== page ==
As an indication of the lengths he went to, Partel recounts the tale of the teams’ transporters. “Three or four teams had articulated transporters, other teams had whatever and I had to try and make the paddock look good, so that led to backing the transporters up, it didn’t matter how long they were, they all had to be in line at the back of the truck.”

However, he still had the problem of the varying heights of the transporters. The solution was ingenious but simple – “I put a rule in that you had to have four flags on your truck, one on each corner and the top of the flag pole had to be 10 feet above the ground so some people had longer flagpoles than others but you got a straight line across the top of all these flags.

“When you walked into our paddock you saw the backs of the trucks and the cars under the tents. It all looked neat and clean, but it was also a lot easier to work in the paddock if you have areas for the cars to enter and exit. You can only do that if you’re well-organised, as you only have a limited amount of space.”

The Porsche Supercup, F1’s other regular support act, “had better equipment than we did as far as transporters [but] they eventually followed and that became the support paddocks at all of these grands prix. It was pretty attractive to walk into the paddock and see the teams and the flags were up there and so on.”

The truck alignment (Photo: Dan Partel)

The teams were soon “starting to prosper and make money and they would then put that back into their equipment and so, by the end, the paddocks were a lot easier to do because everybody had articulated transporters, everybody made the effort to make the show look good, the cars’ presentation, the drivers’ overalls, the mechanics and crews so we looked far more professional than we actually were.”

Any spec racing series demands robust technical oversight to ensure a level playing field.

The appointment of Mason, “one of those guys from Farnborough [the Royal Aircraft Establishment facility in England which also produced the likes of March founder Robin Herd] whose hobby was motor racing”, as a dedicated technical scrutineer to keep teams within the rules was, says Partel, “critical”.

Mason had originally been “sent by the RAC to clean up FFord because there was a lot of cheating, and he stayed with EFDA to the end as our technical director”.

“Once you put in a technical scrutineer responsible for the formula rather than responsible for every car racing that day at the general pool, then you can police you formula a lot better, lay the laws down and people start to understand that in this series if you cheat, the probability is that you’re gonna get caught.”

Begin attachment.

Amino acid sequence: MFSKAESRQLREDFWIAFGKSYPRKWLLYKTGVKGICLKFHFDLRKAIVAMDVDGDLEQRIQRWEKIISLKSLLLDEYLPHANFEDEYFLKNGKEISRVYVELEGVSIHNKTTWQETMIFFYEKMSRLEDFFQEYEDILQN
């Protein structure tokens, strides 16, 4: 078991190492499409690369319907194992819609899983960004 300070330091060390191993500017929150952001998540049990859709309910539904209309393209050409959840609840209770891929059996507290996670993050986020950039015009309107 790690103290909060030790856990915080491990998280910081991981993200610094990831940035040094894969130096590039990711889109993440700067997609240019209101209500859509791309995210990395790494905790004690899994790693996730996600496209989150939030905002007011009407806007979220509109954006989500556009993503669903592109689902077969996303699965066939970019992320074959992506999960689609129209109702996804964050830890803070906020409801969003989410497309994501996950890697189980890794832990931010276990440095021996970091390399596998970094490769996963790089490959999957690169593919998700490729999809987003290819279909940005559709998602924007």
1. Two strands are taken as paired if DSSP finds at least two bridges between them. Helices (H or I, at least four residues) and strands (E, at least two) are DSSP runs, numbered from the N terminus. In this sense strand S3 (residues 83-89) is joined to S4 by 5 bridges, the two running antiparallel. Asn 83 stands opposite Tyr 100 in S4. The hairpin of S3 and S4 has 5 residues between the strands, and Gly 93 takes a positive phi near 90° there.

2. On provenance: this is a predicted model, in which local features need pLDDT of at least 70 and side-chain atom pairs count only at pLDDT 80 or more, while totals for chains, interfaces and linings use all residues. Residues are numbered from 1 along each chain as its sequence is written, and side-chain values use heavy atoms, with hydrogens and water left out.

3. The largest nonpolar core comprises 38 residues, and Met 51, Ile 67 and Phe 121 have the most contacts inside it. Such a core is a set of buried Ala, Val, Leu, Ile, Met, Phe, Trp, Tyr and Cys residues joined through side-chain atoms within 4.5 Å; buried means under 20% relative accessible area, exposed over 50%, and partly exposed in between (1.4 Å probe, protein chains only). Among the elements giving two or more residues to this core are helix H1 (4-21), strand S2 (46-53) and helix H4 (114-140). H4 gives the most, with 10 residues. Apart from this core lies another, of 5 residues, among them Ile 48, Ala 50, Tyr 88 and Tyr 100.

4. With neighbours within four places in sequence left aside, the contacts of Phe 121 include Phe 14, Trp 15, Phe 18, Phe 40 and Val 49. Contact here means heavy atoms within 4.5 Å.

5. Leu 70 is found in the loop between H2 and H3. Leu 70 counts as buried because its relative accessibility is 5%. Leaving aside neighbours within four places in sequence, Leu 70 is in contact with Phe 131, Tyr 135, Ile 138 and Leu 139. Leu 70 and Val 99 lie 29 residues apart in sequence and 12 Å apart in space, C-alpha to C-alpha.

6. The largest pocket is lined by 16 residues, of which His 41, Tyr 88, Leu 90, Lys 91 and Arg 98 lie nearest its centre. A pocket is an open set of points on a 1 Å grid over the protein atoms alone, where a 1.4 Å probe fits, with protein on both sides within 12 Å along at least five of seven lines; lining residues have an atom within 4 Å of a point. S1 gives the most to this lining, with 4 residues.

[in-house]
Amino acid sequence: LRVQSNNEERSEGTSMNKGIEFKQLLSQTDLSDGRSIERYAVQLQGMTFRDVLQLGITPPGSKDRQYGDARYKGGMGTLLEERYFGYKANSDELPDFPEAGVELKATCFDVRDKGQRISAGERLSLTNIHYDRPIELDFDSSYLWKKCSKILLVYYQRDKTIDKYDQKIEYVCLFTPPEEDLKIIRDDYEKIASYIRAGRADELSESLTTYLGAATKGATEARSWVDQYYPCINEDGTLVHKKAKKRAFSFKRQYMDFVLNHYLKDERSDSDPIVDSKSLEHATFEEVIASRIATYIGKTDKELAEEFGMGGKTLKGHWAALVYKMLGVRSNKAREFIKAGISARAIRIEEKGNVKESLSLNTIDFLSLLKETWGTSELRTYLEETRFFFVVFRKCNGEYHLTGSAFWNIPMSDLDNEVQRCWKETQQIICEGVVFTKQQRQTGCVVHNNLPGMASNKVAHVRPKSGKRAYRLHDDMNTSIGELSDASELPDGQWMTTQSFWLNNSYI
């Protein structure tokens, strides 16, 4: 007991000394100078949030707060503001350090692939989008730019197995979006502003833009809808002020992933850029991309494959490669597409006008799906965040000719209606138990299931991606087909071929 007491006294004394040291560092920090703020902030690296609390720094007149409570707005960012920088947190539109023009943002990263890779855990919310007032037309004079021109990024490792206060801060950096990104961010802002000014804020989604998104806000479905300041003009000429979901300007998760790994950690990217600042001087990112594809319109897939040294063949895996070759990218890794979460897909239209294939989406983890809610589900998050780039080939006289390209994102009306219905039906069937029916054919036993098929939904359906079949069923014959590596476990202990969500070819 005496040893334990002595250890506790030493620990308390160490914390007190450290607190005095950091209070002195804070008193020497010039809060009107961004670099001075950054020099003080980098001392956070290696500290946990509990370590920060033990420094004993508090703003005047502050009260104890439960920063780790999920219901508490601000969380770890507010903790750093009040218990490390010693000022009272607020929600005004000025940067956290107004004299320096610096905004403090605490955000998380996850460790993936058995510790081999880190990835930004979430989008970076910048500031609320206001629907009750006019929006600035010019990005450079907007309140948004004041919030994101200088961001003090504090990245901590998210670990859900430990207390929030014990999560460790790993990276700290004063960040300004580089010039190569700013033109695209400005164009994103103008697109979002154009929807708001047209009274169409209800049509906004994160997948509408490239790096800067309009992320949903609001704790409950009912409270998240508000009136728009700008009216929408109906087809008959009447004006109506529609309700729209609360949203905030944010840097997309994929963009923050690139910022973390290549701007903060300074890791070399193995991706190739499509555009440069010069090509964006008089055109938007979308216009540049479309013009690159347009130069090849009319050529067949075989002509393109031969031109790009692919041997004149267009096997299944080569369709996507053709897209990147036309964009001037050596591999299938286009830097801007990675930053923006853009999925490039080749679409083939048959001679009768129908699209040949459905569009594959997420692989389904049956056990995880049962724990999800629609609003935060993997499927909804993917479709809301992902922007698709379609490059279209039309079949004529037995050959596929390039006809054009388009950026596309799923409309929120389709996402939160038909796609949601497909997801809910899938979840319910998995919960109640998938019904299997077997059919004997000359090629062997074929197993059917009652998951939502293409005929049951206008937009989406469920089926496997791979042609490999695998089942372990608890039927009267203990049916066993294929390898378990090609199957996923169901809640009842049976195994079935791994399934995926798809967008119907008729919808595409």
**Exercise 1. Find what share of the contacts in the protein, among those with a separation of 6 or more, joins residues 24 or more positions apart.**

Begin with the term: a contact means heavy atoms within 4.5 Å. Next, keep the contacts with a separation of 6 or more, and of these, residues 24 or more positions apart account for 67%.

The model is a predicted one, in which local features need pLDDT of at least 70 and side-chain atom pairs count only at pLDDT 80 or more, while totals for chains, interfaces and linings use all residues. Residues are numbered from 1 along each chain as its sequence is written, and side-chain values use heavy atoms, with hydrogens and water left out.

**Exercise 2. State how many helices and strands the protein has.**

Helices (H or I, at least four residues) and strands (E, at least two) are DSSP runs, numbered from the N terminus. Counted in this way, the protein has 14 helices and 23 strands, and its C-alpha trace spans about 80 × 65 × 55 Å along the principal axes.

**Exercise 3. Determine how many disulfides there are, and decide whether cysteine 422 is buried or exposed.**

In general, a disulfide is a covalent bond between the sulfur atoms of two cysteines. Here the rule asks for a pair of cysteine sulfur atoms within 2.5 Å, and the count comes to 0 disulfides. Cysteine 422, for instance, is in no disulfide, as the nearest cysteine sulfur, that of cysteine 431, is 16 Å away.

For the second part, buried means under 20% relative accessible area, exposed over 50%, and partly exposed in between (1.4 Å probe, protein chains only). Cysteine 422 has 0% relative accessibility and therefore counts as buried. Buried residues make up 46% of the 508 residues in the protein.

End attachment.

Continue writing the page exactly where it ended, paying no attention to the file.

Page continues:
Nevertheless, there will always be some who try to exploit the rules. “We had some cheaters but they disappeared,” Partel says bluntly. “It was tough to keep managing it with the cars in conformance with the regulations and the drawings. And it was the same with the engines.”

After GM’s environmentally-driven decision to mandate the use of catalytic converters “everybody cracked the exhaust system [to get] a big immediate boost to power, so we had to put the rule in that if you have a cracked exhaust system you’re disqualified. Make sure it doesn’t crack.”

Silverstone, 1990 (Photo: Roger Gascoigne)

To keep costs down, EFDA introduced a strict six-tyre limit per weekend with the freedom to “use the tyres any way you wanted to – three fronts and three rears – but guys would come in with a puncture and say that they needed a seventh tyre”.

Partel’s response would be to say: ‘No, you can’t do it. It’s not allowed. Go back and get one of your other spare tyres.’

“And that kept the cost cap alive,” he says now. “All of a sudden there weren’t so many flat tyres any more either!”

Partel left no doubt that he was not a man to be messed with. “Nobody fooled with me. You take me on and you’re asking for big trouble,” he stresses. “I didn’t make any bones about it. Here’s the rules, guys. If you don’t like it, then go some place else. We’re going to run the series this way and you’re going to co-operate or else.”

Partel was not prepared to stand for any nonsense from the young drivers on track either.

In one F1 support race at Hockenheim, he recalls instructing the drivers to be “very careful” at the first chicane.

“I said they’ve got to listen here because there’s money at stake and I can’t afford to have a first turn shunt at an F1 grand prix that takes 45 minutes to clear the circuit. Then we’re on our way home without a race. They all have to understand that and I’ll come down hard on them to make sure they do.